Why not use a much simpler version like this?

C = M*N*Cmax/ (B + N)

C = monthly base maintenance cost per piece (no inflation, that must be added later)
Cmax = the maximum base maintenance cost possible per piece (should be rather large, but still playable)
N = the number of pieces in the network
M = scaling factor for difficulty setting
B = constant depending on Cmax, map size, player preference for high or low cost increase,...
(B should propably be between 1 and 1000, but thats my opinion)


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PostPosted: Mon Feb 04, 2013 4:40 pm 
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damerell wrote:
vtk wrote:
Even in an arbitrarily large organization with countless levels of management, the total cost of all management levels is a converging sum which will not exceed 1/3 the total cost of those employees directly responsible for the hands-on work of infrastructure maintenance.


I infer you have never worked in a large corporate.


I do, but my boss is only paid slightly bette than I. And I have no idea how much the regional and division managers are paid.

But my statement you quoted is mathematically derived from certain assumptions which I made in the same post, which I believe to be reasonable. Those assumptions can be tweaked a bit, and as long as each boss's salary is less than the total salaries of his direct subordinates, it's still a converging sum with asymptotically linear costs. When that boss-pay threshold is reached, the asymptotic behavior becomes N*log(N). I'm not sure what it does when bosses' pay becomes higher than the total of direct subordinates, but were I an accountant for such a company, I'd raise some red flags.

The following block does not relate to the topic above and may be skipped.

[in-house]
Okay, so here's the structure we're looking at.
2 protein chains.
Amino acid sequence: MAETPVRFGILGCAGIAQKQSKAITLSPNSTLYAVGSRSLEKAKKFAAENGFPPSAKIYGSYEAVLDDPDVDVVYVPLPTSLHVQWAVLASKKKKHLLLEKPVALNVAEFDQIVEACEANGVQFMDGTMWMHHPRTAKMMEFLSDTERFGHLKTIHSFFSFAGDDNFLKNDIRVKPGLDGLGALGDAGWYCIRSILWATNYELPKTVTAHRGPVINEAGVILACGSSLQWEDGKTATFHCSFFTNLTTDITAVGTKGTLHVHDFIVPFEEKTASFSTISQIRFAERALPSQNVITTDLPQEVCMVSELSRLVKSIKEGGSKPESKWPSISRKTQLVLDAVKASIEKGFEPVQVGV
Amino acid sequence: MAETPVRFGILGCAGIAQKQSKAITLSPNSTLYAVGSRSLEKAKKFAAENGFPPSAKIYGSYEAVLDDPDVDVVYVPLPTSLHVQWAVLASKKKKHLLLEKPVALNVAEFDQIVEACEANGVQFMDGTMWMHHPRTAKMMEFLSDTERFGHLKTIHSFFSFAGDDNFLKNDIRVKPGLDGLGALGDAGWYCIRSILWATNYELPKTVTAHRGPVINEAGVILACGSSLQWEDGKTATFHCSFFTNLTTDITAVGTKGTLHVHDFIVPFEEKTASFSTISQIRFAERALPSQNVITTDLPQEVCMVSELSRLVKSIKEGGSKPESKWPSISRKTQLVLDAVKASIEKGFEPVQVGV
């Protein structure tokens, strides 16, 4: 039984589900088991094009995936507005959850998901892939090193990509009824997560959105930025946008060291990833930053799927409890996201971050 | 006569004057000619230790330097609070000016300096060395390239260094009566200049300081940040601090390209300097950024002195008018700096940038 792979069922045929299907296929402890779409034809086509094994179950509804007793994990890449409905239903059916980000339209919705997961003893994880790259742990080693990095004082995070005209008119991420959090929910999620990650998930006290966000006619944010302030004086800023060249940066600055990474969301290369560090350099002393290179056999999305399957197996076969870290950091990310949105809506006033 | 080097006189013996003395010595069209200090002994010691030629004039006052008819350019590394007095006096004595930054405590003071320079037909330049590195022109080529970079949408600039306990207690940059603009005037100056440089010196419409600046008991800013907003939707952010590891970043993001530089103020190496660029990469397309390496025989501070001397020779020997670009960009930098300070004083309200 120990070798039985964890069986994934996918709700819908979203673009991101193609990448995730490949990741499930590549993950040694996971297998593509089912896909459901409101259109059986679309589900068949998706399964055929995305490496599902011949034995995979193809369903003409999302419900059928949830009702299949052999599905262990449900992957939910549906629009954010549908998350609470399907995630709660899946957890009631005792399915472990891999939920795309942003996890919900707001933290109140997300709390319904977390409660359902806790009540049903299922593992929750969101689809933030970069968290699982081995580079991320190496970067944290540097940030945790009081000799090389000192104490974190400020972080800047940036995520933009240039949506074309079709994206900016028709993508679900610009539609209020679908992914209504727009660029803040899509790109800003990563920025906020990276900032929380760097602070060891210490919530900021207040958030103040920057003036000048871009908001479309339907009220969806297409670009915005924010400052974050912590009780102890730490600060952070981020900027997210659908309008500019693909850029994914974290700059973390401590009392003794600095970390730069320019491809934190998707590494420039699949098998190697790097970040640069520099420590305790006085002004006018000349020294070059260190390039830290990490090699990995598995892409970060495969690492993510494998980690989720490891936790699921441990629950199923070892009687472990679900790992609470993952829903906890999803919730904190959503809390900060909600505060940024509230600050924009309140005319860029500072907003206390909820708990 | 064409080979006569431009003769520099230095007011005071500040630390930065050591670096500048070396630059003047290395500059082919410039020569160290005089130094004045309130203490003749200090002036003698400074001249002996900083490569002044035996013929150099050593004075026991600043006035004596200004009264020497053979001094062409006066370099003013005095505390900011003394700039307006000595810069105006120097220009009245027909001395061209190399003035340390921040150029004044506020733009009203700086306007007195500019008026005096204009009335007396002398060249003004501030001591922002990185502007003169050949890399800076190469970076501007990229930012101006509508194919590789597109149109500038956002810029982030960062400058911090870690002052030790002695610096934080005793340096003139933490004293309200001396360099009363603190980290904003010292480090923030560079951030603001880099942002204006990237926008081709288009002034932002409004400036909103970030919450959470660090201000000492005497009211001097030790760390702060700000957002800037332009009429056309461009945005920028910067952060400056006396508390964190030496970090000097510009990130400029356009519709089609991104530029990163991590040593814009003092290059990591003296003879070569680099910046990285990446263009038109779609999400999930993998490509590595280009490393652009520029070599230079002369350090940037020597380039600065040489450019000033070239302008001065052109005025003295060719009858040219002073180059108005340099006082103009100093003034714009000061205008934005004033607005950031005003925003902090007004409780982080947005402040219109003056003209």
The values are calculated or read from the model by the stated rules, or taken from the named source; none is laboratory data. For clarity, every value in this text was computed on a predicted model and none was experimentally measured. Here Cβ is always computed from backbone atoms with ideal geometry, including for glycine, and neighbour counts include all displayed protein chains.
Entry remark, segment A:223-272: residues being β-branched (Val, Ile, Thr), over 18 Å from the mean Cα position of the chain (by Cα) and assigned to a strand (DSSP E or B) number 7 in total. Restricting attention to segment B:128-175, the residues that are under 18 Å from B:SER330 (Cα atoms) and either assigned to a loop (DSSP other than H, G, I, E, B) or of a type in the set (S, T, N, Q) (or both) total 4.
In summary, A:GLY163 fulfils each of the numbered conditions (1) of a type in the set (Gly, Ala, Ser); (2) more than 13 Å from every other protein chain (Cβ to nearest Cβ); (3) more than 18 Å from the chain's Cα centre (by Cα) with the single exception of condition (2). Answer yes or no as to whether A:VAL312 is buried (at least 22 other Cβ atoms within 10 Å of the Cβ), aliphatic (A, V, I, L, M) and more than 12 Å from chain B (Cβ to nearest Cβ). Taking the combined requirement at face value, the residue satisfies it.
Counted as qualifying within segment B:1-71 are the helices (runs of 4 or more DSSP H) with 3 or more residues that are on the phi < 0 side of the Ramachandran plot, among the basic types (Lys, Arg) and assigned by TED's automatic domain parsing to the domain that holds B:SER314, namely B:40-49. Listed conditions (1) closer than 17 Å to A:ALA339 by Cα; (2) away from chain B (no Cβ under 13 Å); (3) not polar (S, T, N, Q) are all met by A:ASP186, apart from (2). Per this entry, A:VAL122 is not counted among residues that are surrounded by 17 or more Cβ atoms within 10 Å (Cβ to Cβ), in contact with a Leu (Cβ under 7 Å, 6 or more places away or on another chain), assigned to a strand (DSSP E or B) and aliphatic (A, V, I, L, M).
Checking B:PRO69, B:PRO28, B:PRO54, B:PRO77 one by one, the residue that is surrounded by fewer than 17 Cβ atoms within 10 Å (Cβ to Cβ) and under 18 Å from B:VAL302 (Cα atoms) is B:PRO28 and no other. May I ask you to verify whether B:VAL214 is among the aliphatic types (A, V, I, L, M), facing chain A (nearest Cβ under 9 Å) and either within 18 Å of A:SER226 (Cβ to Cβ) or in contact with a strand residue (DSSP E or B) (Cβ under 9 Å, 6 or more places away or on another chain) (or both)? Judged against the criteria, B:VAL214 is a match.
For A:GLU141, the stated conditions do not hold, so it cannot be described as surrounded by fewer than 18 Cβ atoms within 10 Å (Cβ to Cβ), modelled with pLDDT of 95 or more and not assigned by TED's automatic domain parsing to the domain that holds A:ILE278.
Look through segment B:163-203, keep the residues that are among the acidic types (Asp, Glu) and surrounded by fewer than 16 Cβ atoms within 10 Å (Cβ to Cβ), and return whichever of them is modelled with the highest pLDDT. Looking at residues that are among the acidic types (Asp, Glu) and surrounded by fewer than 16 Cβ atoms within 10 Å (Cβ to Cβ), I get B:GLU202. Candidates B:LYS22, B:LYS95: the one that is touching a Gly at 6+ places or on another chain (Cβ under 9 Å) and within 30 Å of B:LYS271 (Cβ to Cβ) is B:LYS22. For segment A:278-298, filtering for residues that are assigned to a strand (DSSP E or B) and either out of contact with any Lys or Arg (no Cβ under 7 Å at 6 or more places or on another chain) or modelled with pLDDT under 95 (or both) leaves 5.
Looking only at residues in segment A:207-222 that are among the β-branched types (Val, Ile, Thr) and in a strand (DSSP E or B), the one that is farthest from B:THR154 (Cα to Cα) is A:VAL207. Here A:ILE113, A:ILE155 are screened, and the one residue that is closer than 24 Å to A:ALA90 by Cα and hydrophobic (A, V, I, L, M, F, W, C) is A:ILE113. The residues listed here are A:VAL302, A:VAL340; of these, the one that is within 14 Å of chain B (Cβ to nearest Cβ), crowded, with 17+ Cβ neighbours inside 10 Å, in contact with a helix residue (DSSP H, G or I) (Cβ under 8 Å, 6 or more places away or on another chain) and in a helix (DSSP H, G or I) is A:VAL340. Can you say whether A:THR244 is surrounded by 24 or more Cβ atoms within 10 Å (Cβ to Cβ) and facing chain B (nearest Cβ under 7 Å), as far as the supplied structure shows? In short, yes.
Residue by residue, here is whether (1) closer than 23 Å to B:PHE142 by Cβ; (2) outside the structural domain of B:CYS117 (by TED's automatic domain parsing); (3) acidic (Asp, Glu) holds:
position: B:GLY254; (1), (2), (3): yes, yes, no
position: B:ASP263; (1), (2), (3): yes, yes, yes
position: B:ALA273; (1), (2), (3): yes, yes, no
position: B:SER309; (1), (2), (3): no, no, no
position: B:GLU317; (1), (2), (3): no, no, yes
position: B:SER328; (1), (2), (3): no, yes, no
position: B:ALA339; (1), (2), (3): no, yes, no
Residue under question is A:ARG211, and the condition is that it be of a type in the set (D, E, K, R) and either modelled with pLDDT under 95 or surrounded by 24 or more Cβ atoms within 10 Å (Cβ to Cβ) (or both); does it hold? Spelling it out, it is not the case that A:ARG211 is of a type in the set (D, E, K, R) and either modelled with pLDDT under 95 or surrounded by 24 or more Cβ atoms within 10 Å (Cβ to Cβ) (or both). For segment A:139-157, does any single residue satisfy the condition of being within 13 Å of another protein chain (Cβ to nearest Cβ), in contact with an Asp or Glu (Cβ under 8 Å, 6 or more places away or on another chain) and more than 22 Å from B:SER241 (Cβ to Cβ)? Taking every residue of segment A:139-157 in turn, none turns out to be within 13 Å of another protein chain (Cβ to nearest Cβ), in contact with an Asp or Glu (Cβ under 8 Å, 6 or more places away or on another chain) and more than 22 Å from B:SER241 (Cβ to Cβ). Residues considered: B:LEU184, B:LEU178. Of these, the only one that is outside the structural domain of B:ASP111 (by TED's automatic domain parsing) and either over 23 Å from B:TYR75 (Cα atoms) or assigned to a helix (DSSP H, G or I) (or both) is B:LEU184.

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PostPosted: Wed Jul 31, 2013 10:37 am 
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Where and what are the "infrastructure costs" displayed on the main Finances window?

Or is infrastructure costs separate? I'm confused as I'm trying to work out if my Trams (only road vehicle I have in 1928) are making profit or not.

If separate can I have some details in how the calculations are achieved as my head is not in a good state (concentration due to depression) please :)

Quote:
Annual Financial Report for 1928:

Train Income = +£283,962
Road income = +£54,273
-----------------------------------
Total income = £338,235
-----------------------------------
Train Running Costs = -£127,733 (only just built new ones)
Road Running Costs = -£31,986

Property Maintenance Costs = -£77,320
Loan Interest = -£5,289
-----------------------------------------------------
Total: -£242,328

Construction = -£1,458
New Vehicles = -£215,676
Other = -£348
------------------------------------------------------
Total: -£217,482
------------------------------------------------------
Total: -£121,575
Quote:
My Infrastructure costs per year are:

Railway = -£19,284 (1,354)
Signals = -£2,340 (52)

Tramway = -£31,104 (1,418)

Station Tiles = -£26,028 (208)

TOTAL = -£78,756